Hit-and-Run deaths reached a record high, according to a AAA press release. Texas ranks as having the eighth highest rate of hit-and-run crashes in the nation.
2,049 deaths occurred from hit-and-run crashes during 2016, that number is both a record high and a 60 percent increase from 2009, according to the release. Hit-and-run deaths in the U.S. have increased an average of 7.2 percent each year since 2009.
AAA researchers examined common characteristics in hit-and-run crashes and found that an average of 682,000 hit-and-run crashes occurred each year since 2006.
The report found that 65 percent of people killed in hit-and-run crashes were pedestrians or bicyclists.
With the number of hit-and-run crashes on the rise, AAA is calling for drivers to be alert on the road in order to avoid a deadly crash and always remain on the scene if a crash occurs.
AAA advises drivers to:
- Be aware: Pedestrians may act unpredictably and can walk into the path of travel at any point.
- Be cautious: Look out for small children and be alert to areas where there are likely to be more pedestrians. These include school zones, playgrounds, bus stops and intersections.
- Be patient: When trying to pass a pedestrian or cyclist, give plenty of space and keep them in your line of sight.
- Be vigilant: Drivers should always yield to pedestrians, even if they walk into the road from an area other than a crosswalk.
"It is every driver's legal and moral responsibility to take necessary precautions to avoid hitting a pedestrian, bicyclist or another vehicle," said Jennifer Ryan, director of state relations for AAA. "While no one likes being involved in a crash, leaving the scene will significantly increase the penalties for drivers- whether they caused the crash or not."
Per capita, New Mexico, Louisiana and Florida have the highest rate of fatal hit-and-run crashes while New Hampshire, Maine and Minnesota have the lowest rates.
If a driver is involved in a crash, they should never leave the scene and follow the steps below:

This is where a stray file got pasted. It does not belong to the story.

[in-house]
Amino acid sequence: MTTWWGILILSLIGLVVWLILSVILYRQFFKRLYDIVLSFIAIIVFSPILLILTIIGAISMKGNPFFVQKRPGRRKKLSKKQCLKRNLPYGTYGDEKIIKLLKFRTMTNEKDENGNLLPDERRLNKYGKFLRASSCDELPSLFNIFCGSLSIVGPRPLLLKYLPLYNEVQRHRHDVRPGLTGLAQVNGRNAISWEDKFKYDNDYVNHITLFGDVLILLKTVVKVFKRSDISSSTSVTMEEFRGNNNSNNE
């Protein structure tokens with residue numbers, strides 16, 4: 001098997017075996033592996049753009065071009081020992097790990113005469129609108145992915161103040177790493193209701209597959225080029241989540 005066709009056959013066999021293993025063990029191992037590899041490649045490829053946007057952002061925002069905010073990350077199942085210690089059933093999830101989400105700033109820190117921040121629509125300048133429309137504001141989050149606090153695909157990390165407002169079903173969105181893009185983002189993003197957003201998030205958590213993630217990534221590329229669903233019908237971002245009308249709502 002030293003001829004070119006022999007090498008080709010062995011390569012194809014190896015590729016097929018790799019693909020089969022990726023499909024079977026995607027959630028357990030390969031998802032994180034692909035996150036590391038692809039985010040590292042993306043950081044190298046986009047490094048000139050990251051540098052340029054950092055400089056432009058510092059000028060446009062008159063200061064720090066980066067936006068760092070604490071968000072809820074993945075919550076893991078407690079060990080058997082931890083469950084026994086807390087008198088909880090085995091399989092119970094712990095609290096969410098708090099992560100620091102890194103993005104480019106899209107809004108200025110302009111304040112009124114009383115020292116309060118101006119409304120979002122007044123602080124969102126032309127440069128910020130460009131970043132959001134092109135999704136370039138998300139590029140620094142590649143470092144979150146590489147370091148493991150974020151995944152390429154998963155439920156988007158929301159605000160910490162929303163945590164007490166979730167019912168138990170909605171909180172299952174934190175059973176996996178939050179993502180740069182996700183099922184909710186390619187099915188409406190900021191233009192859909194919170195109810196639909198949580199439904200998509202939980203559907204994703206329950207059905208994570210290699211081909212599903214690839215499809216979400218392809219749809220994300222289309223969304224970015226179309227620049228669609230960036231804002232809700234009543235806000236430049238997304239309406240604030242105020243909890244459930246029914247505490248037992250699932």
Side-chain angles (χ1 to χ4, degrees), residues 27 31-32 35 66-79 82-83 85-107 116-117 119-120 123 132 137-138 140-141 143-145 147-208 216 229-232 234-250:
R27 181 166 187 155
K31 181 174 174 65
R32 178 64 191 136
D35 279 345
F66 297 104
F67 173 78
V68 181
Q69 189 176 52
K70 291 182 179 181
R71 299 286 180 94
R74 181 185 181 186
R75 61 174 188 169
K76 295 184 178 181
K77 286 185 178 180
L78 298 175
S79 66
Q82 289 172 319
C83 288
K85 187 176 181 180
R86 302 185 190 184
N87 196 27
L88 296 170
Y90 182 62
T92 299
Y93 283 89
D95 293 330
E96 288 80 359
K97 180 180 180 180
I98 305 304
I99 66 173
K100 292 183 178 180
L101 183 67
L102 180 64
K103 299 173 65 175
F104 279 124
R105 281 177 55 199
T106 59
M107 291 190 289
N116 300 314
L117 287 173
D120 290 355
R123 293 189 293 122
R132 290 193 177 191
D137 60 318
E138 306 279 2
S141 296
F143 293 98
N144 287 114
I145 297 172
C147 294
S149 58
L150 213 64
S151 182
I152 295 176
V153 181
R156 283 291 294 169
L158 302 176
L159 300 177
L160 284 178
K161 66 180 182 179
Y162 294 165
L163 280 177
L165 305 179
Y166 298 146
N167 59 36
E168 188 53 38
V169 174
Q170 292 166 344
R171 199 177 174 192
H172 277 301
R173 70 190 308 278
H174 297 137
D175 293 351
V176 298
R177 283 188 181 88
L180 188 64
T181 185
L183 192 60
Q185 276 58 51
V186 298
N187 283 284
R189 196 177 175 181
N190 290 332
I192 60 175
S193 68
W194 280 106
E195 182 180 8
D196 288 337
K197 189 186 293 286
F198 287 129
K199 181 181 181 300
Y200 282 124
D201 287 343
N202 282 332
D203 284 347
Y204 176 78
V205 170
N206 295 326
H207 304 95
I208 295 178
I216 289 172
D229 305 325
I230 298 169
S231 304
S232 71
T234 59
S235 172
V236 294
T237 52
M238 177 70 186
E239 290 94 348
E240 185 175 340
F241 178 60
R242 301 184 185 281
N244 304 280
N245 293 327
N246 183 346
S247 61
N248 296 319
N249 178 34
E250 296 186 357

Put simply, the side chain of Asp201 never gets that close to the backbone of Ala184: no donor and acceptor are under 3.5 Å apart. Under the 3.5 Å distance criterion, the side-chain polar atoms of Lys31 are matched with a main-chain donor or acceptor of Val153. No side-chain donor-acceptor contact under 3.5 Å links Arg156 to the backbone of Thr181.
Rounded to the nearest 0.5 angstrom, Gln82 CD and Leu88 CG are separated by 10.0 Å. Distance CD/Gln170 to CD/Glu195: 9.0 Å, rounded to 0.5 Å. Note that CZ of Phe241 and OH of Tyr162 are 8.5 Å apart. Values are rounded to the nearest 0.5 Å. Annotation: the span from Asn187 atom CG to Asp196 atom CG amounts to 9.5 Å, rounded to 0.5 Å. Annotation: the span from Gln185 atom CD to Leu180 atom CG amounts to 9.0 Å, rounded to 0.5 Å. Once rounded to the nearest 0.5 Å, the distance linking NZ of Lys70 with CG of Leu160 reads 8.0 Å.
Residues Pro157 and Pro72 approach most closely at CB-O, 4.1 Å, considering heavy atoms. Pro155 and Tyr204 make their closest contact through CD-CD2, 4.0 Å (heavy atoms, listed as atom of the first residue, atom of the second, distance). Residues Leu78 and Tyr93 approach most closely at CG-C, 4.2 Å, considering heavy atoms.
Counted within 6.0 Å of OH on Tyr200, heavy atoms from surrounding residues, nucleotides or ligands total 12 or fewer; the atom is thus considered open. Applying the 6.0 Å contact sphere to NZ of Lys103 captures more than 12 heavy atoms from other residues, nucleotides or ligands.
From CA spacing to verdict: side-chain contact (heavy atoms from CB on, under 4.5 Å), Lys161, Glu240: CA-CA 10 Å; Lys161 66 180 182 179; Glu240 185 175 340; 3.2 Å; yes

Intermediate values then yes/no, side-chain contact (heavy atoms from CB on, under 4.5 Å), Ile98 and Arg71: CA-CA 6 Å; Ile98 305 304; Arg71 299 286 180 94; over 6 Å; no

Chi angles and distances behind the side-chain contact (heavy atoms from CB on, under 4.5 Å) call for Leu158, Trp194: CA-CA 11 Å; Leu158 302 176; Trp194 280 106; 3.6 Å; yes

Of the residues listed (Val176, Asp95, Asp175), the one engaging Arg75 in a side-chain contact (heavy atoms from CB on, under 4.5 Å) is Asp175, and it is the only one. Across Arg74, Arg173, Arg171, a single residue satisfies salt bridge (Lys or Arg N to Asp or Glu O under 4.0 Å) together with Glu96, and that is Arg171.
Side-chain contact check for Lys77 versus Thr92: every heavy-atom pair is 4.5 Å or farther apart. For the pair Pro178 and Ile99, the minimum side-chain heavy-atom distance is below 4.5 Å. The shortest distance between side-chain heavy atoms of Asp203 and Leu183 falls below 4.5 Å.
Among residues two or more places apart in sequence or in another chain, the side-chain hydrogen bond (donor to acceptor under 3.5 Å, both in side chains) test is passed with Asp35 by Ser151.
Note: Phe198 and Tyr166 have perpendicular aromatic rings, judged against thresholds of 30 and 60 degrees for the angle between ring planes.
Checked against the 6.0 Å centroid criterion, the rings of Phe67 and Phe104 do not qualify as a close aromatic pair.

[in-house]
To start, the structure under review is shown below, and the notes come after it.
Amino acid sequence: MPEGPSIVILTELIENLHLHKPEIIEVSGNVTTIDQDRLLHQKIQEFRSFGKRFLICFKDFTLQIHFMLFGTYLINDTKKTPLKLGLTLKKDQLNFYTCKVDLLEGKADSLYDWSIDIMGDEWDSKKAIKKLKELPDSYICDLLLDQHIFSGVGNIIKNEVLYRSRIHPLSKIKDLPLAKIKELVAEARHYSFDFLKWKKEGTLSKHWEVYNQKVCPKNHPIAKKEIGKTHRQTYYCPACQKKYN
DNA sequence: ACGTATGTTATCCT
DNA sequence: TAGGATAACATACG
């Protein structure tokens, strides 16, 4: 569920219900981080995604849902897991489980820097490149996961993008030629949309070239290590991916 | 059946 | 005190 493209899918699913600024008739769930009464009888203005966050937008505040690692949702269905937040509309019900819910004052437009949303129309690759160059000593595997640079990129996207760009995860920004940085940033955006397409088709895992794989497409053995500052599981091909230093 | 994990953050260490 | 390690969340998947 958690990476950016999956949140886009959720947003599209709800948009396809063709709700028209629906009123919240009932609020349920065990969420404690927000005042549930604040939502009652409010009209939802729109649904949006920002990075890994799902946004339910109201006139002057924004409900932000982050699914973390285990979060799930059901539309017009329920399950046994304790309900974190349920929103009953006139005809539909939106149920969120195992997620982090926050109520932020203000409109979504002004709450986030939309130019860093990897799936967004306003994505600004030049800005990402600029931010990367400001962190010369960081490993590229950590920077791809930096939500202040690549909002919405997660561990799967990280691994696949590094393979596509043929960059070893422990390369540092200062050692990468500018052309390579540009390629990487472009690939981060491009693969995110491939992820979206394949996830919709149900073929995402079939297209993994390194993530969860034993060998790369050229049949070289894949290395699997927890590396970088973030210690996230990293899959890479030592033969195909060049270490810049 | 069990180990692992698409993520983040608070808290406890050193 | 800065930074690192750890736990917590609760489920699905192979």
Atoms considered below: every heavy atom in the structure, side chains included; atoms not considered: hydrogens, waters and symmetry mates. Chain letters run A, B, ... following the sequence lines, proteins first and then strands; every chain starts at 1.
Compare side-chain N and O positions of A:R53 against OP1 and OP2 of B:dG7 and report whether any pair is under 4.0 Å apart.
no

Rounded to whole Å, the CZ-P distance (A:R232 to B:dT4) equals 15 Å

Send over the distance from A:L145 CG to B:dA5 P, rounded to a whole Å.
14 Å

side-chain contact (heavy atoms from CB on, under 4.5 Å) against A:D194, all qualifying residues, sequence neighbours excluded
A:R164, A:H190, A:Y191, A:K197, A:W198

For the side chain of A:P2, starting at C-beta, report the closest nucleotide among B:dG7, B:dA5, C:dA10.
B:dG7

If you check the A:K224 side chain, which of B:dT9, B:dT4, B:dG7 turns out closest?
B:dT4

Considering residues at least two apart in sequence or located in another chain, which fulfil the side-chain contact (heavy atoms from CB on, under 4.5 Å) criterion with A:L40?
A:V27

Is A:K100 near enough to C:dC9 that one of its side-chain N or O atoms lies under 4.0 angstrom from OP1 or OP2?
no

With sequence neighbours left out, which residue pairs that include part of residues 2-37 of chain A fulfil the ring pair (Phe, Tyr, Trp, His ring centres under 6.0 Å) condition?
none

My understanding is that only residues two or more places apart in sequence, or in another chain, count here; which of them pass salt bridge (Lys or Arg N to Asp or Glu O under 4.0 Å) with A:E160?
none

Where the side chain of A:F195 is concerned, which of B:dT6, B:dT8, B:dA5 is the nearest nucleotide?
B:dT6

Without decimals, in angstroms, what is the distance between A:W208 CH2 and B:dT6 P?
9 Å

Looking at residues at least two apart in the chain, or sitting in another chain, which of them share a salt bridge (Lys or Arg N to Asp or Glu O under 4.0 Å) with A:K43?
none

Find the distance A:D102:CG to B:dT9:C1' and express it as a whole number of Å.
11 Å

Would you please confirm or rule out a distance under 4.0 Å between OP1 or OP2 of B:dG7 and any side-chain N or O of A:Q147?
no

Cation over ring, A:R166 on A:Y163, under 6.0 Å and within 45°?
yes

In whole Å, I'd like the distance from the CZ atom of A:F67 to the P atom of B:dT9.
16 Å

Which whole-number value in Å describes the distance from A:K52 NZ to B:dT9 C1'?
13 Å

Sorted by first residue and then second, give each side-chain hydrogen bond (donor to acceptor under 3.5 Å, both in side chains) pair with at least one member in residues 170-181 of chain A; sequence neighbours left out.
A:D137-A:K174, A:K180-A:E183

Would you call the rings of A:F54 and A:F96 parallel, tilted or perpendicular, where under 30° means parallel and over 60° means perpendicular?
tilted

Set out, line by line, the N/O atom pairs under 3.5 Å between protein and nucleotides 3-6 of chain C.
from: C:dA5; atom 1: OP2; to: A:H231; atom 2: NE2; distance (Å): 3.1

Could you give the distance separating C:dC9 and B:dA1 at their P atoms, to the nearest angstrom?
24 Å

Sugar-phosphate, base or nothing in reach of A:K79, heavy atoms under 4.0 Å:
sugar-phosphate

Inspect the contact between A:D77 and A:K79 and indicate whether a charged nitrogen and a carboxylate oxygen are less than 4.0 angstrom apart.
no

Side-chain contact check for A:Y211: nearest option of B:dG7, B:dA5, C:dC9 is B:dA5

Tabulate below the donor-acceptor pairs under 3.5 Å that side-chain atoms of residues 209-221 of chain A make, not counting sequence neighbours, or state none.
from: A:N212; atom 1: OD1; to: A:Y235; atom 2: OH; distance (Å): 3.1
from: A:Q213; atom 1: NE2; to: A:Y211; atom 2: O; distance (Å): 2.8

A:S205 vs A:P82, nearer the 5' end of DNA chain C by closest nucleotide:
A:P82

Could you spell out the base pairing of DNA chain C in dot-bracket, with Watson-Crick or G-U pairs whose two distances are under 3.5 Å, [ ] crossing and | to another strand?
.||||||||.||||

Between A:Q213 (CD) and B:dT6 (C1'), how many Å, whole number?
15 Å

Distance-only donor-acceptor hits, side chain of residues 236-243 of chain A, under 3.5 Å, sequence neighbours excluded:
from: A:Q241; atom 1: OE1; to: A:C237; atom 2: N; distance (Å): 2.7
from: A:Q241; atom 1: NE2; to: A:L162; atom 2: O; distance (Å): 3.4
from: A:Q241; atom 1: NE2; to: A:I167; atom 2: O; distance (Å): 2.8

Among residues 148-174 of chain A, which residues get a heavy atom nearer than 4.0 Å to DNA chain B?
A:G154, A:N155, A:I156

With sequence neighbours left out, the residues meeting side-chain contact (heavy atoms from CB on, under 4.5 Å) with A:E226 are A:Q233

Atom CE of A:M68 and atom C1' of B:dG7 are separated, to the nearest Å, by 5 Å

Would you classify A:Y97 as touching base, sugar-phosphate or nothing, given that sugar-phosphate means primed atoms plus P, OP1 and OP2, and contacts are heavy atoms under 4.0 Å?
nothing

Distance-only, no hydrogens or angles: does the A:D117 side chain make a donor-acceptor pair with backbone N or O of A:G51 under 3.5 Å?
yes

- Assist the injured– Check for injured people and call 911.
- Be visible– Make sure that the scene is visible to approaching drivers. If possible, move vehicles out of the path of traffic, and use hazard flashers, flares, and reflective triangles. Find a safe place to remain until emergency services arrive, if needed.
- Communicate– Call the police and file a report. If the police do not come to the scene, you can file a report by visiting a local police department or your automobile insurance agency.
Currently, every state has laws in place making it illegal for a driver involved in a crash to flee the scene. State penalties vary based on the type of crash, according to the release.
AAA encourages drivers to educate themselves about specific hit-and-run laws in their state and remain alert on the road to prevent crashes from occurring.
"By working together, we can bring awareness and identify potential solutions to reduce hit-and-run fatalities," continued Dr. Yang. "We can't forget that cars can be deadly when they come into contact with pedestrians, cyclists or other cars. It is incumbent on each and every one of us to stay alert, be aware of our surroundings and always stay on the scene if involved in a crash."
New numbers, released by @AAAnews, show a historic rise in the number of deaths from hit-and-run crashes. More than 2,000 people were killed in hit-and-runs in the U.S. in 2016. That's an all-time high and a 60% increase from 2009. @krisvancleave reports: pic.twitter.com/UHjuKaxM1B
— CBS This Morning (@CBSThisMorning) April 26, 2018
New numbers, released by AAA, show a historic rise in the number of deaths from hit-and-run crashes. More than 2,000 people were killed in hit-and-runs in the U.S. in 2016. That's an all-time high and a 60% increase from 2009. @KrisVanCleave reports: pic.twitter.com/eH5eNY1r9D
— CBS News (@CBSNews) April 26, 2018
This is one trend we need to reverse. Stay alert to avoid a crash! Learn more: https://t.co/acLNT0a9pE #AAA #HitandRun pic.twitter.com/DmJlNosLbg
— AAA (@AAAnews) April 26, 2018
Hit-and-run fatalities soar as more people bike to work, report finds https://t.co/WwcmUXKalo via @WSJ
— AAA (@AAAnews) April 26, 2018